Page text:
For too long the terms “sport” and “fashion” have rarely shared the same sentence, at least in a positive light. Latter day professional athletes have not exactly been the best sartorial role models. Some influences, like NBA-inspired street wear, have left an entire generation of misguided youth to perpetually trip over their baggy, over sized jeans.
While sports like polo, cricket, hunting, sailing and golf have each had important and noble impacts on men’s dress, recent decades have been less than stellar. Recently though, good taste and a little stylish flair appear poised to make a comeback.
Golfing giant Tiger Woods’ powerfully simple fashion statements on and off the course helped him wind up on the cover of Men’s Vogue. Neither loud nor flashy, Woods has been able to carve out a distinctive look that speaks of maturity and poise. Perhaps due to his enormous sponsorship deal with Nike, he also avoids looking like a walking billboard with logos protruding from every nook and cranny. The confidence Woods brings to his game is reinforced through his signature black pants and red shirt; a classic, strong color combination that has visual impact.
Where other equally talented pros tend to look a little baggy and often just plain sloppy, Wood’s exacting attention to detail clearly extends to his wardrobe. His pants are always tailored, neat and trim; his shirts, though loose enough to allow for a big swing, never look bunched up or saggy – a common problem in golf shirts. Of course, keeping yourself in excellent physical shape is one of the best ways to ensure that you look good in your clothes. Even the logo of his signature product line is strong yet simple.
While the late Payne Stewart will be forever remembered as a great golfing dandy who made plus-fours and snap brimmed caps cool, Woods has transitioned the sport into sartorial modernity with ease. So, even if you don’t wear a jacket to work every day, think of Tiger and take casual up a peg to classy.
When Roger Federer steps onto the court, those not familiar with this dominating tactician may be forgiven if their first impression is that of just another pretty face who can hit a ball. The monogrammed blazer, patrician bearing and wavy hair all belie a masterful appreciation of what it takes to win on and off the court. Just as he rules the game of tennis, Roger Federer is reshaping the very look of the sport as well. If any athlete is making fashion news today it is he, and rightly so.
In many ways Federer is a bit of a throwback and wouldn’t look out of place standing next to Cary Grant or Gary Cooper. At the same time he is absolutely an international man of the 21st Century. Living and training in Dubai and jet setting around the world to matches and appearances, Federer’s graciousness and timeless good looks earn him a reputation as one of the classiest guys in any sport. And he makes sure that reputation is well deserved.
When he won at Wimbledon last year Federer knew what image he wanted to project and was ready for the trophy ceremony. By the time the cameras were set up and silver polished, he was decked out in his ubiquitous “RF” monogrammed blazer, white slacks and a tennis sweater. Federer could have just as easily stepped into a Ralph Lauren photo shoot, which in some respects he did as Ralph now outfits the Wimbledon crew. In his own way, he was setting the tennis world’s style bar a little higher. After years of slouchy beachwear inspired shorts and tops, his classy and classic look hearkens back to the heydays of Renée Lacoste.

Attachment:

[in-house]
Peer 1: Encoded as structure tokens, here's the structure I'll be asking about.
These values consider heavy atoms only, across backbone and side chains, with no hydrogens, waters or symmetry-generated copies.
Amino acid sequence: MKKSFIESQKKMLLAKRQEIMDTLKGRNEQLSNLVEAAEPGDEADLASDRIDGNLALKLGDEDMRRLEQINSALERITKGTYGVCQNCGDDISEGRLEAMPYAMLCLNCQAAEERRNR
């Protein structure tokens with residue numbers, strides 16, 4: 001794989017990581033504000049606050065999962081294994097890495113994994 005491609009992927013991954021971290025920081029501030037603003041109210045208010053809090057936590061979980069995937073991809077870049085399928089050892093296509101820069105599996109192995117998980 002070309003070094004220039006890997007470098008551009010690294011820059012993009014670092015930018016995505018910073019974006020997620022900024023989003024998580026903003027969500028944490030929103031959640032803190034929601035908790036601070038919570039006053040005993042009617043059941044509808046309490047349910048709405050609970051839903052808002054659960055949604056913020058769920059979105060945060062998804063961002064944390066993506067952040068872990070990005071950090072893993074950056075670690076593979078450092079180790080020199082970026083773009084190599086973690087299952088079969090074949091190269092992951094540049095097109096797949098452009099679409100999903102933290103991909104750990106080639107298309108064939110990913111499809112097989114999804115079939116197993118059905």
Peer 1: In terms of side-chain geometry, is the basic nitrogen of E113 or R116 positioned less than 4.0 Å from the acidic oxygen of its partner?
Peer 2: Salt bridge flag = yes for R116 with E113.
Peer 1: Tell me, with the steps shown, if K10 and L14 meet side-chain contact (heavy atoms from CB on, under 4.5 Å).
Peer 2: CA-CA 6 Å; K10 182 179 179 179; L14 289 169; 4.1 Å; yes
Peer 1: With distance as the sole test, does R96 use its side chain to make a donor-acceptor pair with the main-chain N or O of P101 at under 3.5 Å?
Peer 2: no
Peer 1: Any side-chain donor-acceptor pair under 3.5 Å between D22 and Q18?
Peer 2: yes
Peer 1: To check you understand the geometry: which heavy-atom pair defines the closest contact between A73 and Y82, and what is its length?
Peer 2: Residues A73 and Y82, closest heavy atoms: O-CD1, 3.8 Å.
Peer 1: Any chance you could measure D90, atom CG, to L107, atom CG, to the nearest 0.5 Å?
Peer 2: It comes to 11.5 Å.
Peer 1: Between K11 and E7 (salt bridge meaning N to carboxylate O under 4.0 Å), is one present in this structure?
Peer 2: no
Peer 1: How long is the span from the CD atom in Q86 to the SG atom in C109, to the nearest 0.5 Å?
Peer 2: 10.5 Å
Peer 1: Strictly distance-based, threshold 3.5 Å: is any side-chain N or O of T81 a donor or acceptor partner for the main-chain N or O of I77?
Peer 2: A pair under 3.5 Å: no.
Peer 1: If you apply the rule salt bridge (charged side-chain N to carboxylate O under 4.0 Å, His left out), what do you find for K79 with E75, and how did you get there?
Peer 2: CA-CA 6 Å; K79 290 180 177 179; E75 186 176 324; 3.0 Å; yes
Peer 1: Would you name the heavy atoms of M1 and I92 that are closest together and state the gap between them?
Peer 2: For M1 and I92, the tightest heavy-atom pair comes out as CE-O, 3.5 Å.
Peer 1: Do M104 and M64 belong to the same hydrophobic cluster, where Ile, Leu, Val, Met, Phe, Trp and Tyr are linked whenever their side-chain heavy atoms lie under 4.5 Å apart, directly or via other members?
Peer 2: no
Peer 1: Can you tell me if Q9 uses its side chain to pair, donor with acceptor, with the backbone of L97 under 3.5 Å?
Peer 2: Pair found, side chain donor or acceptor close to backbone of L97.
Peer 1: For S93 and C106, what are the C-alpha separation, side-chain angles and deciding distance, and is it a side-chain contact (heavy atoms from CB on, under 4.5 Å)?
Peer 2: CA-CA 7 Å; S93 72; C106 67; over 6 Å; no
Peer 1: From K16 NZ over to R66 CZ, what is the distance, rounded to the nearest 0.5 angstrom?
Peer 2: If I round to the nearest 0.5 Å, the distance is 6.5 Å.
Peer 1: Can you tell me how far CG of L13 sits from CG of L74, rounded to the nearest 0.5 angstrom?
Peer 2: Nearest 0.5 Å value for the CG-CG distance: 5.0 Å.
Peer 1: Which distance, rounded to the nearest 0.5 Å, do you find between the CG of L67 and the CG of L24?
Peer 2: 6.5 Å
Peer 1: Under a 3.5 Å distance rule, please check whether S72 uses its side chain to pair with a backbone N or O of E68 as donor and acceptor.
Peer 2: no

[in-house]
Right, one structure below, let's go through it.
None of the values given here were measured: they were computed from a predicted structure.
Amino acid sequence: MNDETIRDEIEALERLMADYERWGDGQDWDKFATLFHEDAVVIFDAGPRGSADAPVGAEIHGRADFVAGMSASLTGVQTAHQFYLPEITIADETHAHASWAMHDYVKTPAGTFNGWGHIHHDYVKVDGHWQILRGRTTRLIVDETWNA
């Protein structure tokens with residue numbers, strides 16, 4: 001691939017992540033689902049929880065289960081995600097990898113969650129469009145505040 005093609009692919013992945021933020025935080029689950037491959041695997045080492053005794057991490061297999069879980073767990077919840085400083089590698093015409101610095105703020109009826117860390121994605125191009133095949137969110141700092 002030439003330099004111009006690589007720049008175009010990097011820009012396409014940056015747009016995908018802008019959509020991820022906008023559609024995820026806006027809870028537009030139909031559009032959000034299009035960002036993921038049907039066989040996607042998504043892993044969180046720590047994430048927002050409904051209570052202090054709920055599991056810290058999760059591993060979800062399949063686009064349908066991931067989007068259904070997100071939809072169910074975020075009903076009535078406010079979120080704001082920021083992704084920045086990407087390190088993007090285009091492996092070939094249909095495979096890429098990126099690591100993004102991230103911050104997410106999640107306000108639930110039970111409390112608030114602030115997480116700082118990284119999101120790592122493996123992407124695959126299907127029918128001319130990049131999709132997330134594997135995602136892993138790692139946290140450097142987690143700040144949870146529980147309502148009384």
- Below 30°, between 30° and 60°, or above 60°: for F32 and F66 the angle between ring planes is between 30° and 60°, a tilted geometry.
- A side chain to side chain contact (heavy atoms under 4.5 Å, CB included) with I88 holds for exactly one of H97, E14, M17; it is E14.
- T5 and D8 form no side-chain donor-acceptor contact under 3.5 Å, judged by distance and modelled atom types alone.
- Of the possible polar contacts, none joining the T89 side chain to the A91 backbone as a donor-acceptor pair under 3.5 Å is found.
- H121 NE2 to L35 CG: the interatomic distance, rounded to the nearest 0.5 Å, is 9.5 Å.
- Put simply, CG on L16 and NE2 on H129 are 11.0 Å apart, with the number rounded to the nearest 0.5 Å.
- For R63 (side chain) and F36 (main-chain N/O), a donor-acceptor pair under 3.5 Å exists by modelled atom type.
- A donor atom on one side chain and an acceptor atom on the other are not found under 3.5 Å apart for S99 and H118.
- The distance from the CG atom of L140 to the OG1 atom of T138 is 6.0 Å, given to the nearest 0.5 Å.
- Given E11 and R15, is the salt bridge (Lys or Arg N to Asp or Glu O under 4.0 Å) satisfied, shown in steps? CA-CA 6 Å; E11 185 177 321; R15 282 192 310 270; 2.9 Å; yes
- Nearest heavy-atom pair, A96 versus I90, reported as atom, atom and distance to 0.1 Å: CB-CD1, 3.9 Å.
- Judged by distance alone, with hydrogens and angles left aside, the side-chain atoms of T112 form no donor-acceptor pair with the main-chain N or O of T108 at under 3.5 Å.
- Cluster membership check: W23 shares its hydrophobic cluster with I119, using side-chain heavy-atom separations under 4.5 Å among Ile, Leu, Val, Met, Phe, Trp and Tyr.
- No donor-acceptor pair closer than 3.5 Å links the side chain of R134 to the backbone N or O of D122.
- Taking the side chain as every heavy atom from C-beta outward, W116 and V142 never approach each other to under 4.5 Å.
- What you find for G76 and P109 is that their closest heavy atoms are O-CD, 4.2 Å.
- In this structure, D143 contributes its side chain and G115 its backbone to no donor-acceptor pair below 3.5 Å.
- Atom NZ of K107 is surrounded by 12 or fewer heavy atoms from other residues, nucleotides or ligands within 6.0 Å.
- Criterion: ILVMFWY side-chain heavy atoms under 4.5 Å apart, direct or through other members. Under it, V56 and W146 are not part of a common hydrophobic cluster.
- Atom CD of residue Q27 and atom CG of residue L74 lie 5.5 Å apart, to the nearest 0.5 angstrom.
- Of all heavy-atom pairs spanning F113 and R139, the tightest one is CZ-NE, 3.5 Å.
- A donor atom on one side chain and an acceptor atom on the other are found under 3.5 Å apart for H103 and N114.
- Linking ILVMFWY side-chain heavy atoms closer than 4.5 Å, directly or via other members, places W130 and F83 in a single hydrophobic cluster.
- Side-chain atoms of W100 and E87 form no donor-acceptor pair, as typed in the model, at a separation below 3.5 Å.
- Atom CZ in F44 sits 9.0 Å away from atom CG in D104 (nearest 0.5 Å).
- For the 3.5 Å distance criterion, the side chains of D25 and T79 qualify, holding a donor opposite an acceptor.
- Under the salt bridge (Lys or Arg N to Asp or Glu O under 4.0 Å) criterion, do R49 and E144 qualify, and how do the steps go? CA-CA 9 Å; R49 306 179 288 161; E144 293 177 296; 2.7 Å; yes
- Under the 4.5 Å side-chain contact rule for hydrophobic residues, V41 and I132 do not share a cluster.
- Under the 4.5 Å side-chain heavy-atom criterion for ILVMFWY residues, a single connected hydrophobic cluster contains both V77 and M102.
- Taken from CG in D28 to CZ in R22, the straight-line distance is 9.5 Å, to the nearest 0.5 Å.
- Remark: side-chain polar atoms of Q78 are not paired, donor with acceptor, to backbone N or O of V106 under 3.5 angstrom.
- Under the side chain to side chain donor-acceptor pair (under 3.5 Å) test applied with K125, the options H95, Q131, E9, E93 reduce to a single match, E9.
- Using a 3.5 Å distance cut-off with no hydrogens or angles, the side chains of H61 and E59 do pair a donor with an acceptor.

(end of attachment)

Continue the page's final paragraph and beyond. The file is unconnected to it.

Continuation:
For the recent U.S. open, and what would be his fourth victory there, Federer’s tailor made color coordinated duds were an excellent reflection of his cool and collected on-court elegance. In the opening match, Federer took to the court in royal blue and white. For the evening he was the “man in black,” with a tuxedo-inspired outfit complete with satin tape running down the legs of his shorts and warm-up pants. It’s really no surprise that he recently graced the cover of Men’s Vogue, just like his buddy Tiger Woods.
What is most notable about Roger Federer is not just that he makes classic cool again; it’s his attention to detail and precision, even in the way his clothes fit. During his last match with Andy Roddick, Federer simply looked like a winner. Where Roddick seemed fidgety and uncomfortable, constantly pulling up the shoulders of his shirt, Federer’s fitted outfit looked comfortable, clean, and elegant. He was the picture of sartorial ease. Everything worked together to project an image of confidence and comfort, from longer shirt tails which kept his top from riding up to the perfectly tailored Bermuda length shorts.
The details didn’t stop there. Along with the matching head and wrist sweatbands, Federer sported monogrammed Nike sneakers, each embroidered with three tiny Swiss flags marking each of his U.S. Open victories. Cocky? Maybe, but now he needs to add a fourth.
Both of these exceptional and exceptionally stylish athletes have set new standards in the sport they respectively dominate and that’s no accident. Thought and detail go into what each wears and when. Federer’s reinterpretation of classic tennis style and Woods’ color-blocked authority both show an understanding that image is on an equal footing with skill.